State media have launched a media campaign to promote the program. The channels are airing segments about how happy Muscovites are about the prospect of moving from their buildings to better apartments.
Russia’s state-run VTsIOM pollster released a poll last month stating that 80 percent of Muscovites support the program. Those opposed to the program are frustrated that only 600 — of a possible 1.6 million — impacted Muscovites were polled.
Residents of some five-story buildings told The Moscow Times they received calls from their municipalities warning of “crazy activists” attempting to sabotage the program.
But Muscovites are skeptical. And some who say there were never interested in politics are becoming frustrated by the new legislation — and the authorities implementing it.
“I could have never imagined that something like this was possible until I started reading the bill,” says Olga. “This opened my eyes to how much corruption and lawlessness there is. I am never voting for [the ruling politicians] again.”
The reaction to the program is anything but unexpected, says political analyst Yekaterina Schulmann: for Russians, real estate is sacred.
“It's their home, something they want to pass on to their children, something they associate with their family,” Schulmann told The Moscow Times. “Messing with this is far from smart.”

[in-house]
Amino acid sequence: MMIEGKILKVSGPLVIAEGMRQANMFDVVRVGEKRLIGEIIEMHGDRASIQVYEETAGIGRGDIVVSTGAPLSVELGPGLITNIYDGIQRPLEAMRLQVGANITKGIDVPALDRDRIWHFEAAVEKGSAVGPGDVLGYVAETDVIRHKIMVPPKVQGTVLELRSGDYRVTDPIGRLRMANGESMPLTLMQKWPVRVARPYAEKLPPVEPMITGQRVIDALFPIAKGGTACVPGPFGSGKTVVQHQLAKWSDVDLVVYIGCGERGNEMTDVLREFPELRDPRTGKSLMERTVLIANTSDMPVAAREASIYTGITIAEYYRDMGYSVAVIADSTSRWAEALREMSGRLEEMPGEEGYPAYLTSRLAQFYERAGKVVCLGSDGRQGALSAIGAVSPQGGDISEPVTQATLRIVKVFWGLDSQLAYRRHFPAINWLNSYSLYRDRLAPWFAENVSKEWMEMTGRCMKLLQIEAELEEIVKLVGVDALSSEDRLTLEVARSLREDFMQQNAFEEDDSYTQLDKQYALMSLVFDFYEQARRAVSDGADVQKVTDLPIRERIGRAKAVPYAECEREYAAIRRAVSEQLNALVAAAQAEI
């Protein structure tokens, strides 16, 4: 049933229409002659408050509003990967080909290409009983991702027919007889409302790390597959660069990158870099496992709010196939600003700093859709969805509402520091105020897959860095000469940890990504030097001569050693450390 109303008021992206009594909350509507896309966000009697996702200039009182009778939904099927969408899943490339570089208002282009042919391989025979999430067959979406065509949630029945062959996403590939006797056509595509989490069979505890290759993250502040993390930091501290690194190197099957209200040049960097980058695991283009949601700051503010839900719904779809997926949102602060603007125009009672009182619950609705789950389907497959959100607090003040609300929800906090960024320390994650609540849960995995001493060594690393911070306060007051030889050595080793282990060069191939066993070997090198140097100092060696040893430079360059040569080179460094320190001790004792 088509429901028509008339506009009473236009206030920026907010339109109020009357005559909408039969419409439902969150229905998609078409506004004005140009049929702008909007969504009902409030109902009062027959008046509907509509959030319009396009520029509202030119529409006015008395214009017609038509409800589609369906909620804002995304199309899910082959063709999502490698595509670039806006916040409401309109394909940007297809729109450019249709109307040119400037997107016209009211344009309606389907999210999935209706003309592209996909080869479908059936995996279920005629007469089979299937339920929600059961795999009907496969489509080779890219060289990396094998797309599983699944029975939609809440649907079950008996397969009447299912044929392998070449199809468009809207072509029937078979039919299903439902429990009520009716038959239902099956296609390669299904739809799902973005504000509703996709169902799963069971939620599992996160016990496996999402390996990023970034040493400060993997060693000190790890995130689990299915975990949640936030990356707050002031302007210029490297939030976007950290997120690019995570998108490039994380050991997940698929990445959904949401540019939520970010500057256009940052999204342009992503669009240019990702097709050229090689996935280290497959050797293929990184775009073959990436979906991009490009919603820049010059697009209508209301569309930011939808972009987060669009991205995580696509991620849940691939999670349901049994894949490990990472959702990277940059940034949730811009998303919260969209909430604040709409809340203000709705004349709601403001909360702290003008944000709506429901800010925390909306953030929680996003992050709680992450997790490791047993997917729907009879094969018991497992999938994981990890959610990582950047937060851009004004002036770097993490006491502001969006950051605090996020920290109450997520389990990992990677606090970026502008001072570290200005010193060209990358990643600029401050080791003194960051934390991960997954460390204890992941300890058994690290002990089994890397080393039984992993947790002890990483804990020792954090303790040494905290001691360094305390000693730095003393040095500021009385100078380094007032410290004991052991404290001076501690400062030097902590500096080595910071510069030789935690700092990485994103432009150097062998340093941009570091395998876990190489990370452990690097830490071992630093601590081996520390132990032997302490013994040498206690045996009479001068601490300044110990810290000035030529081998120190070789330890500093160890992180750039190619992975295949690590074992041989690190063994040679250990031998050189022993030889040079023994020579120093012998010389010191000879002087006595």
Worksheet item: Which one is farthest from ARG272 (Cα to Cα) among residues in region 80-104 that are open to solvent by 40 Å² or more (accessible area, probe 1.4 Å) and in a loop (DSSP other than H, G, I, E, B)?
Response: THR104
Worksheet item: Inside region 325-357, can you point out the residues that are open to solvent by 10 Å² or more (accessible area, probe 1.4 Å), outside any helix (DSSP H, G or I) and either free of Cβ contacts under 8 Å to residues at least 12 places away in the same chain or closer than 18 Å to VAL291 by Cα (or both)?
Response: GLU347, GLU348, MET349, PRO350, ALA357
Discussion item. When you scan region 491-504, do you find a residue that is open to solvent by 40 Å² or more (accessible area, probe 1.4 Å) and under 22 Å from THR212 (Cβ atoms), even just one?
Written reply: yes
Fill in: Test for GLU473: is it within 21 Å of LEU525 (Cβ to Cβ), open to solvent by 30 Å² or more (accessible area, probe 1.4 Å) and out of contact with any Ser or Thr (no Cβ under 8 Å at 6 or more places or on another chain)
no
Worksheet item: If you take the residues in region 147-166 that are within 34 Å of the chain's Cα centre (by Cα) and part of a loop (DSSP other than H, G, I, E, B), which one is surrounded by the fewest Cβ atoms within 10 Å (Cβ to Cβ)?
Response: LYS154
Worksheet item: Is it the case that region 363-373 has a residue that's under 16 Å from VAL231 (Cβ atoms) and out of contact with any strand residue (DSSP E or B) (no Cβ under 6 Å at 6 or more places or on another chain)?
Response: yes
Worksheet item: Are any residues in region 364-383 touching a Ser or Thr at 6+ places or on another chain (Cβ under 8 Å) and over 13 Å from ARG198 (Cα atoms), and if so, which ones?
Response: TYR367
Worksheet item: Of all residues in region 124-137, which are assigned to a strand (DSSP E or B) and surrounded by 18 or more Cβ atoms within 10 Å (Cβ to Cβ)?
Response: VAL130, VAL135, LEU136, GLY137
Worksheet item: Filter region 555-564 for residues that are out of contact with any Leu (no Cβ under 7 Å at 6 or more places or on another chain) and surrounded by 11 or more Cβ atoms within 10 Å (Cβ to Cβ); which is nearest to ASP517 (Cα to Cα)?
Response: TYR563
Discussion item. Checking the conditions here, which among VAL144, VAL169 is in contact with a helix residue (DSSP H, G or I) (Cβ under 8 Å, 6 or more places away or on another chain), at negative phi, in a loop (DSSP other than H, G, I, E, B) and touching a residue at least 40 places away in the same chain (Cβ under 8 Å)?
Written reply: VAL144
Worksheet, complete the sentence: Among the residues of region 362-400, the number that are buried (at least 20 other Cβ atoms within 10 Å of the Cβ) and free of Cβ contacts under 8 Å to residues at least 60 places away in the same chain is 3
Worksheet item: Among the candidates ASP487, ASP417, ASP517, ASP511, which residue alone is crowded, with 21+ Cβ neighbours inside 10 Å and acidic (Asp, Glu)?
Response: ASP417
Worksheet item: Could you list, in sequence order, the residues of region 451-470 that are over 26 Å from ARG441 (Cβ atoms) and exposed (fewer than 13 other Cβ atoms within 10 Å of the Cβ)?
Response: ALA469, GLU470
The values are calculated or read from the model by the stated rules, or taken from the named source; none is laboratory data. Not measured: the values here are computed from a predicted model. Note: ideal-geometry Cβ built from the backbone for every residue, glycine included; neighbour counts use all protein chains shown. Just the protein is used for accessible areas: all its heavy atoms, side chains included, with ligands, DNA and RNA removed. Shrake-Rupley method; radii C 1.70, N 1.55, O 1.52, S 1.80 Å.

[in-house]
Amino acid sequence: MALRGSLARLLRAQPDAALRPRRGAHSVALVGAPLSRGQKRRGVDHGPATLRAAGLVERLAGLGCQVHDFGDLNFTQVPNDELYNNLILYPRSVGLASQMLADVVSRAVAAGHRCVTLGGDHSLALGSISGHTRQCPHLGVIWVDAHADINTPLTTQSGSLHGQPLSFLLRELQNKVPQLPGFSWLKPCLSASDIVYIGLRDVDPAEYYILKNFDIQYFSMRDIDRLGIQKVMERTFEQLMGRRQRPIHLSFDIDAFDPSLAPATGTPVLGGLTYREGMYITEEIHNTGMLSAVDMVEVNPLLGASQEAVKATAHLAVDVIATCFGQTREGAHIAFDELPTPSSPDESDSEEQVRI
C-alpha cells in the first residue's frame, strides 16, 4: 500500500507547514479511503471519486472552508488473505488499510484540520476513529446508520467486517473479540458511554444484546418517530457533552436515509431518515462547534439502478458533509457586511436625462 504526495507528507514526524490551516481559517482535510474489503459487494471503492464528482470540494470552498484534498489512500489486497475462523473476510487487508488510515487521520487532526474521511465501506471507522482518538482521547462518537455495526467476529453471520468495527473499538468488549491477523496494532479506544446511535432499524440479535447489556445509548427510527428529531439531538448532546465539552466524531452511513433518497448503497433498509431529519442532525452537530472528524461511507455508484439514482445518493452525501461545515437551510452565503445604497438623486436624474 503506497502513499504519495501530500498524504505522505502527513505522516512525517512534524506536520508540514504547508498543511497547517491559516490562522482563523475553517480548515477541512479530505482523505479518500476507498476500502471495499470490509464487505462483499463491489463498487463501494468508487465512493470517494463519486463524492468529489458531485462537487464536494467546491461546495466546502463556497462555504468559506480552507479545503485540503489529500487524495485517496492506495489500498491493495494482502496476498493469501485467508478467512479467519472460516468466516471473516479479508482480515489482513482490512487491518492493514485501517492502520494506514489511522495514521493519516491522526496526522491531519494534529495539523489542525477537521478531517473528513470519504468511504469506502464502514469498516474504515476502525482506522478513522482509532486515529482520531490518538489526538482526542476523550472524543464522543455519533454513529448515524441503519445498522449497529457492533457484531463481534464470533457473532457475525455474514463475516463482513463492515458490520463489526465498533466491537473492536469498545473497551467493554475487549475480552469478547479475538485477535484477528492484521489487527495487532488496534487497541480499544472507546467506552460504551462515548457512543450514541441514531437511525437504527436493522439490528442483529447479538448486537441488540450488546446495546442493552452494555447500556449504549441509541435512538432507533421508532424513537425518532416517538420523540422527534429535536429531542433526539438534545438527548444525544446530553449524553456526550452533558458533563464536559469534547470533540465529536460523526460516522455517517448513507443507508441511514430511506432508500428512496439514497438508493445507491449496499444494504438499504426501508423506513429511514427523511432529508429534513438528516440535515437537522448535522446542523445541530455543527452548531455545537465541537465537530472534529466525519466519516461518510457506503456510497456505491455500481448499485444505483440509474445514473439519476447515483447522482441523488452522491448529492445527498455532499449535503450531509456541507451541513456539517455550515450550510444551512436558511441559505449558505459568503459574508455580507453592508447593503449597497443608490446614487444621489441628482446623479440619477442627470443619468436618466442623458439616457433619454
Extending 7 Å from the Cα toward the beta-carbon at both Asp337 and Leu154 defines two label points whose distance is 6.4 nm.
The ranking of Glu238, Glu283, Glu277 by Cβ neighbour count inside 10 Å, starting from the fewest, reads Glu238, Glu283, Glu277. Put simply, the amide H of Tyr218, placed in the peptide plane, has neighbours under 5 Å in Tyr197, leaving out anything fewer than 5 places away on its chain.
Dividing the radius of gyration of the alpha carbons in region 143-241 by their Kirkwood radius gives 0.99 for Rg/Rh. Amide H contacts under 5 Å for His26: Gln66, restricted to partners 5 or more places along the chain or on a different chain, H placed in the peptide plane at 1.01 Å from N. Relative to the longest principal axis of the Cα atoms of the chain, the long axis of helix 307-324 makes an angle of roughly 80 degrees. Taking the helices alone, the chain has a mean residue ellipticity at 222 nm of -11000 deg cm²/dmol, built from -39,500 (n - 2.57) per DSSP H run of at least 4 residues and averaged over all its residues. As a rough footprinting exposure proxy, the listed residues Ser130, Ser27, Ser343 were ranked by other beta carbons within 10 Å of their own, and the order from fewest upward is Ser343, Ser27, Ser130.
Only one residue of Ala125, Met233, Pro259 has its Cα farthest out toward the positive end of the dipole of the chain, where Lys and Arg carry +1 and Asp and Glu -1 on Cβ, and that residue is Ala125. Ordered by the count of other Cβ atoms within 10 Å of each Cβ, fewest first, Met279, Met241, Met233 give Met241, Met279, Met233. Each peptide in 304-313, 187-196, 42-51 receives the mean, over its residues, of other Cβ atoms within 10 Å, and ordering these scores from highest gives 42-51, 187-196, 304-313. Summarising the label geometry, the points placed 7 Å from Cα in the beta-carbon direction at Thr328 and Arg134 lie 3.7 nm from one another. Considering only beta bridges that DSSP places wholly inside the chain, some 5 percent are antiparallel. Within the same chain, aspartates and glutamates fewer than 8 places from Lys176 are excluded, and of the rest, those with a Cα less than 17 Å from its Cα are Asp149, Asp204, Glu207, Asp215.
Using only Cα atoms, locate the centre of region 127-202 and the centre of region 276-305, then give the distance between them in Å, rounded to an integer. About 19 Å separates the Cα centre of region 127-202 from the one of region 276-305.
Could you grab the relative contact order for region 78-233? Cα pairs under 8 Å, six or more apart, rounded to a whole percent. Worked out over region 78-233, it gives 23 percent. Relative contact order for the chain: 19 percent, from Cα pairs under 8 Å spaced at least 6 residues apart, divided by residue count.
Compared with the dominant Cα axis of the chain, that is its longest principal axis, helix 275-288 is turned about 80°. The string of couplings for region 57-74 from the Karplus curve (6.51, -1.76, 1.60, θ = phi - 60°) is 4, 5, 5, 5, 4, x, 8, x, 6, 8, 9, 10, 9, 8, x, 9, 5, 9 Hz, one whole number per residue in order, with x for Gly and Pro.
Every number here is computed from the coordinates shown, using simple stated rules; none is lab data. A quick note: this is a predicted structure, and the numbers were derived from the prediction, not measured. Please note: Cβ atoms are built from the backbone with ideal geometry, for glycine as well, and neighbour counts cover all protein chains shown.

This pushback is just the beginning, Schulmann adds. Ahead 2018 elections – both mayoral and presidential – authorities would have to cave and start bargaining. And starting from May 15, Muscovites will be asked to vote on whether they would want buildings they live in to be excluded from preliminary demolition lists that are supposed to be released on May 10.
“Making decisions without conferring with the people is not possible anymore,” Schulmann says.
Authorities are already making concessions. Mayor Sobyanin promised Muscovites April 27 he would amend the bill to guarantee new apartments in the same district. President Putin threatened not to sign the bill if it violates people's rights.
But Muscovites are wary. “I don’t trust statements,” says Alexei who lives in the Akademichesky district. “I trust laws.”.
“Right now authorities are lobbying for a law that violates my constitutional property rights," he said. "If they amend it, we can talk about trust.”